The Parish Church, dedicated to St. Andrew, occupies a commanding position overlooking the town. Its architecture suggests that its oldest part was built in the late 12th century with later additions in the 14th and 15th centuries. The Reverend Samuel Wesley, its most famous clergyman, is buried in the Churchyard, just outside the south door of the chancel. Many of the Parish Registers were destroyed during the disastrous fire at the Rectory in 1709 with the exception of a General Register Dec. 1539 - Aug. 1601, a Burial Register 1538 - 1593 and a portion of a Marriage Register 1564 - 1592. Registers survive from 1710 and are now held at Lincolnshire Archives. (see References)
There is a Baptist Church in Epworth, the Baptists having a connection with Epworth going back at least as far as 1673.
Epworth has an enduring fame however, as the birthplace of John and Charles Wesley, the founders of Methodism. The Old Rectory, a fine Queen Anne style building, rebuilt after the famous fire of 1709, has been completely restored and is now the property of the World Methodist Council. It is open to visitors every weekday 10.00 a.m. to 12 noon and 2.00 p.m. to 4.00 p.m. from March to October, and other times by arrangement.
The Wesley Memorial Church, situated in the High Street, is a very fine building and was erected in 1889, at a cost of £6500.
Epworth St Andrews
Epworth Methodist Church
Epworth New Connexion Church
Previously two annual fairs were held in Epworth, one on the first Thursday after 1st May and the other the first Thursday after 29th September. Nowadays there are the annual Epworth Show held on two days over August Bank Holiday and the annual Festival of the Plough. This event, held during September, attracts enthusiasts from far and wide to watch demonstrations of ploughing using Shire horses, vintage tractors etc.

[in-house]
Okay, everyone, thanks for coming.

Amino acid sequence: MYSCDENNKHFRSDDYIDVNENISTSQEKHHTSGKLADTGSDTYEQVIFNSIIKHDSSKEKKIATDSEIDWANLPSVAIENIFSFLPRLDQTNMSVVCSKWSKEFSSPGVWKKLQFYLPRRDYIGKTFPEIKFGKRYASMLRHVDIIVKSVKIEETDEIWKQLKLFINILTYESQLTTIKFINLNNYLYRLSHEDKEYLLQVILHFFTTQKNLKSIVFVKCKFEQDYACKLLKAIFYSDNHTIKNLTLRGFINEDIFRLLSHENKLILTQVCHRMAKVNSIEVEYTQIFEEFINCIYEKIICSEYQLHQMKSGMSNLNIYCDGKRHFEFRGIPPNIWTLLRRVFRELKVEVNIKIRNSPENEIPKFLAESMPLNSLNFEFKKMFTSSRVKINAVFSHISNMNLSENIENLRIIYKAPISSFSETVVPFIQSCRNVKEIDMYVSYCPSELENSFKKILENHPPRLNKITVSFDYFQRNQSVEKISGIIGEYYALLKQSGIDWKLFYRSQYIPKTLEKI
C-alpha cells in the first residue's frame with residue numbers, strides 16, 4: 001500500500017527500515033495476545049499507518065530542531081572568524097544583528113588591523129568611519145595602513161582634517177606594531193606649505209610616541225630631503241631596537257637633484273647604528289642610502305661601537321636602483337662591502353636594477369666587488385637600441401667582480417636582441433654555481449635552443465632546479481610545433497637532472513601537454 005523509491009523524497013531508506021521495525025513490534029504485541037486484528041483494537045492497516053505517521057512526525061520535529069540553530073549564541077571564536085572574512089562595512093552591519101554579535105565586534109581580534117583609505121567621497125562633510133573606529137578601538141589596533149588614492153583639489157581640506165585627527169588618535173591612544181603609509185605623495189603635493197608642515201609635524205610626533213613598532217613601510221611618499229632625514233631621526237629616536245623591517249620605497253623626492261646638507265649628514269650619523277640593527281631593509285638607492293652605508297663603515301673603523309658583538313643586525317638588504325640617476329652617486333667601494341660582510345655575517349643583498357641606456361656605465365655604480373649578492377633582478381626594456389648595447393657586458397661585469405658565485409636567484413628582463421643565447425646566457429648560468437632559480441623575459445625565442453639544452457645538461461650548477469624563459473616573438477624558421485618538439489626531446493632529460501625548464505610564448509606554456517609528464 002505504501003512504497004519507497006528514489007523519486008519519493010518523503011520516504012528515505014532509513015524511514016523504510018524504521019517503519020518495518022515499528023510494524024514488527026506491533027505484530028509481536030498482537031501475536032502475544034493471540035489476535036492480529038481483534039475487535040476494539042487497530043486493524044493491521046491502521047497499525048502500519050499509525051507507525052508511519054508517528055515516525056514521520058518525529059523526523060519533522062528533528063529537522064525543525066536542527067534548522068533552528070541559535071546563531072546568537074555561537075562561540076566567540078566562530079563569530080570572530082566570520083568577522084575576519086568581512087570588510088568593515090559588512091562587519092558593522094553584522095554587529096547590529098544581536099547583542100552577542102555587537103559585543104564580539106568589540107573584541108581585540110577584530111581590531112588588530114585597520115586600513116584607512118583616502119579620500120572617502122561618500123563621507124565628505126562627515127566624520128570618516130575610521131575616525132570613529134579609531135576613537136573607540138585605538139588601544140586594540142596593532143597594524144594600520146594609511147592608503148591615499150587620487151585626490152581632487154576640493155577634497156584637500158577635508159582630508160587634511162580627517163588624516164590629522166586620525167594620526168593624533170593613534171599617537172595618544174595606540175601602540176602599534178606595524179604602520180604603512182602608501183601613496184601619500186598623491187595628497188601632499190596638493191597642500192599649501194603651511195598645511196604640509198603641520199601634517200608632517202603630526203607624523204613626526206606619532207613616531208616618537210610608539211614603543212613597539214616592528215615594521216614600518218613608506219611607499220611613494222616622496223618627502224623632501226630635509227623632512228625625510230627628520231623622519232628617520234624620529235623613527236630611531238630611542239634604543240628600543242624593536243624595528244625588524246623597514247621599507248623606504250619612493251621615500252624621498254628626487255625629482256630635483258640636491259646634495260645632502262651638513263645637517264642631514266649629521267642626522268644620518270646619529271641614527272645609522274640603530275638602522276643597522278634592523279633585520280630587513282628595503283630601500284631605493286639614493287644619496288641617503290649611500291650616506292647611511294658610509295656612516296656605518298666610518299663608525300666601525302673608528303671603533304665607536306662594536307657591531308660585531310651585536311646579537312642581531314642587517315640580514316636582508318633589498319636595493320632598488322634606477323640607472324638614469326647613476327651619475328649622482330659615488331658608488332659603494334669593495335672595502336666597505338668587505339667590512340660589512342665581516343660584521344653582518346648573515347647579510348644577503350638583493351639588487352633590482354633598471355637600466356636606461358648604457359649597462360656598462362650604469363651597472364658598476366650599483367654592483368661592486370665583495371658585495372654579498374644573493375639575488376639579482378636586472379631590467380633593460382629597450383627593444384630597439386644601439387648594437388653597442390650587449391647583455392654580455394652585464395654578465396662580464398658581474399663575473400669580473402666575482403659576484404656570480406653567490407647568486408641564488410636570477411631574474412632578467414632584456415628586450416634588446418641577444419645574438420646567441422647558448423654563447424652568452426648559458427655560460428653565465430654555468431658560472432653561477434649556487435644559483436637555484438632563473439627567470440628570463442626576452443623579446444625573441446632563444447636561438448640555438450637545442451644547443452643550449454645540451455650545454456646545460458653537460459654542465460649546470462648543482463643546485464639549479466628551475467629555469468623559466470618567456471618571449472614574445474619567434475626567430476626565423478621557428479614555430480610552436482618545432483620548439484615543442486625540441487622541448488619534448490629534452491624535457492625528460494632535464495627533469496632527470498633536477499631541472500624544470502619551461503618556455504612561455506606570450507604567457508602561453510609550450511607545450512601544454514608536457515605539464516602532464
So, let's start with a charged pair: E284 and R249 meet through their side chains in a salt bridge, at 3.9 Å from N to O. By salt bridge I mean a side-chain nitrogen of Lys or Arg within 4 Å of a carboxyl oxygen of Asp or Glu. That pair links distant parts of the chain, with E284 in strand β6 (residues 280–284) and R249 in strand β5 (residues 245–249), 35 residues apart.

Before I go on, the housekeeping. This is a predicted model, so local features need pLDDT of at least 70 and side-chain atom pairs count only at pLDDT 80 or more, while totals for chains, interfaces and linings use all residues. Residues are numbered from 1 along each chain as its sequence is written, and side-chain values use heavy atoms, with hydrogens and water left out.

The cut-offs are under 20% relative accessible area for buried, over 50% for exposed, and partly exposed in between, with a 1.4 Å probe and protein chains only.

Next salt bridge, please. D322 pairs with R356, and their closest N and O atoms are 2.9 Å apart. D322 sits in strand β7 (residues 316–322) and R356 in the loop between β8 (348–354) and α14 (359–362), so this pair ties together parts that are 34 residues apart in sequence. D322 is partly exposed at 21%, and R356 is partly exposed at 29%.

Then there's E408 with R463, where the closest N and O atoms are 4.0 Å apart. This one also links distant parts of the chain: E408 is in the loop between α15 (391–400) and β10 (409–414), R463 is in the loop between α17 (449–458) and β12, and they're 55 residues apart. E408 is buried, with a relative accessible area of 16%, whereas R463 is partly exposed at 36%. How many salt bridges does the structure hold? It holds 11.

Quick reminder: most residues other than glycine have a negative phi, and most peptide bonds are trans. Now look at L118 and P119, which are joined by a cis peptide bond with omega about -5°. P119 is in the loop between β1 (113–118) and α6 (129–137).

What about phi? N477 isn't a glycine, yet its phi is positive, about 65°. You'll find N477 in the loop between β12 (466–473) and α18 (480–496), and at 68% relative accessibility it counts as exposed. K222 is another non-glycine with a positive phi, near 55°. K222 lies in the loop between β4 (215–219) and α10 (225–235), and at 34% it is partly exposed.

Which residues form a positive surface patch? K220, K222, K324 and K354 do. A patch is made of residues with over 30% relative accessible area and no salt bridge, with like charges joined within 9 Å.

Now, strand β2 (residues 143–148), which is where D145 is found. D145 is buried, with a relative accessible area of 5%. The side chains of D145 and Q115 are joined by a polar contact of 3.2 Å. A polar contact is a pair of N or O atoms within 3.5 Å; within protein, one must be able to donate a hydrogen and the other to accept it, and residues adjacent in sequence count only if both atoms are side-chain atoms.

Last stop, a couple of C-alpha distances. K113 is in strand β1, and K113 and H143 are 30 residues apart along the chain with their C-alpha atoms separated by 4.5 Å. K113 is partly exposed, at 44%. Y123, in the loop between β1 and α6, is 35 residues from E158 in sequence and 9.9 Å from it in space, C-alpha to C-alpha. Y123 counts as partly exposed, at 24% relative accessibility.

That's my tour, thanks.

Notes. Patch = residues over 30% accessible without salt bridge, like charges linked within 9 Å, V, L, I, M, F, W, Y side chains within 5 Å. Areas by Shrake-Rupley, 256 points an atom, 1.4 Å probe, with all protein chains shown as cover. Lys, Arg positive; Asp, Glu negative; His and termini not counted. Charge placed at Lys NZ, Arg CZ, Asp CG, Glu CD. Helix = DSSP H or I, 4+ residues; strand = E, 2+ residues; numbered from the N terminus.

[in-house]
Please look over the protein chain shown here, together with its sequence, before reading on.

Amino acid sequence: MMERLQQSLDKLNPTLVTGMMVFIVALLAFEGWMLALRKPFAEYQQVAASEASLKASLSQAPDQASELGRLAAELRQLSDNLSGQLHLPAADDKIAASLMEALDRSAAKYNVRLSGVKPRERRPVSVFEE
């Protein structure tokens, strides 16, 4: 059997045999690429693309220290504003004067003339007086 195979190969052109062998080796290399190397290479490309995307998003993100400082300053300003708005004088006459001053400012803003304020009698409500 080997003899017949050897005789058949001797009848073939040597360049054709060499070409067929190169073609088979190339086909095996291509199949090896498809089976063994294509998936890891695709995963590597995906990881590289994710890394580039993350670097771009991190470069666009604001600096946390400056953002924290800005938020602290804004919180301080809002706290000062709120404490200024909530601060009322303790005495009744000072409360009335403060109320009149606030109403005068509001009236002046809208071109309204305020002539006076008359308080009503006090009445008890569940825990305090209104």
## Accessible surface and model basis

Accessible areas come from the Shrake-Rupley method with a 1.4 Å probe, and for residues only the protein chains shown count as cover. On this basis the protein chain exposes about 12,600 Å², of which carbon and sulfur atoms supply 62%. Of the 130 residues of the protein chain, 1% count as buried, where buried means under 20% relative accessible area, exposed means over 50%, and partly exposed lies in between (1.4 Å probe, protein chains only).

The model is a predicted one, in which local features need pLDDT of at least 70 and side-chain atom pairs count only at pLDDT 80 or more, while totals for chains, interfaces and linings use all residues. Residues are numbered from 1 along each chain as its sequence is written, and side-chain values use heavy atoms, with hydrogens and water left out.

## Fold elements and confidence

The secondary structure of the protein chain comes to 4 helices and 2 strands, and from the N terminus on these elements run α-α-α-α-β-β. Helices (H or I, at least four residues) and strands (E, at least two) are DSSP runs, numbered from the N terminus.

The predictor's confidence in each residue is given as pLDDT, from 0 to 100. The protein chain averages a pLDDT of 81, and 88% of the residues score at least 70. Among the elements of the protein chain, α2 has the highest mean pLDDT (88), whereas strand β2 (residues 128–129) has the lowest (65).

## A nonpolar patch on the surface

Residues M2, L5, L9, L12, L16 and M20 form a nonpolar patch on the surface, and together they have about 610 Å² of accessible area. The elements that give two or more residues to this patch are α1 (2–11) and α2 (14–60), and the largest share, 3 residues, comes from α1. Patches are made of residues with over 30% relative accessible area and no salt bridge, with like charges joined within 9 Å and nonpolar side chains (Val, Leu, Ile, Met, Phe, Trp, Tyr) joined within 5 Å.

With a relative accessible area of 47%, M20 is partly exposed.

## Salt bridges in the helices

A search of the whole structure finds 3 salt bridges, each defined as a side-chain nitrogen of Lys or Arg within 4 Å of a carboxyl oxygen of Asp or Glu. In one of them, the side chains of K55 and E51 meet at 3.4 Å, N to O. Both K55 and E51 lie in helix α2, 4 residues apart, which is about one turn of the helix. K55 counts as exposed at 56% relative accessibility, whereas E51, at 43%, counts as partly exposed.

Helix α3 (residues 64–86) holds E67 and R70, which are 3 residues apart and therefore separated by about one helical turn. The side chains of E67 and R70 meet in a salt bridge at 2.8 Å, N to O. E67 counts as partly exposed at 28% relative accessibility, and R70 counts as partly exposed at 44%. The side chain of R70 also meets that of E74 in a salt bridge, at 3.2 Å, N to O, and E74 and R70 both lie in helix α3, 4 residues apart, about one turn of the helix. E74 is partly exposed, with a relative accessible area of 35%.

The Thurlow Playing Field situated in Station Road is also Epworth's War Memorial, but a Roll of Honour is kept in St. Andrew's Church.
Peck describes Epworth as a "market town, small, irregular with a neat market place approached by four streets" and but for the word "small", the description would hold good today, though cars in the narrow streets cause congestion at times. Epworth now to a large extent provides banking facilities and legal services for the area and has compact and comprehensive shopping facilities. There are ambulance, police and fire stations, a modern library and a leisure centre. There are also a number of public houses and restaurants to cater both for the many visitors who are attracted to Epworth and the local inhabitants. Some family names traditionally associated with Epworth include Coggan, Clark, Emerson, Gravil, Matthews, Oliver, Pilsworth, Selby, Shipley and Whitehead.
Epworth Baptist Church
Isle of Axholme Family History Society Copyright 2007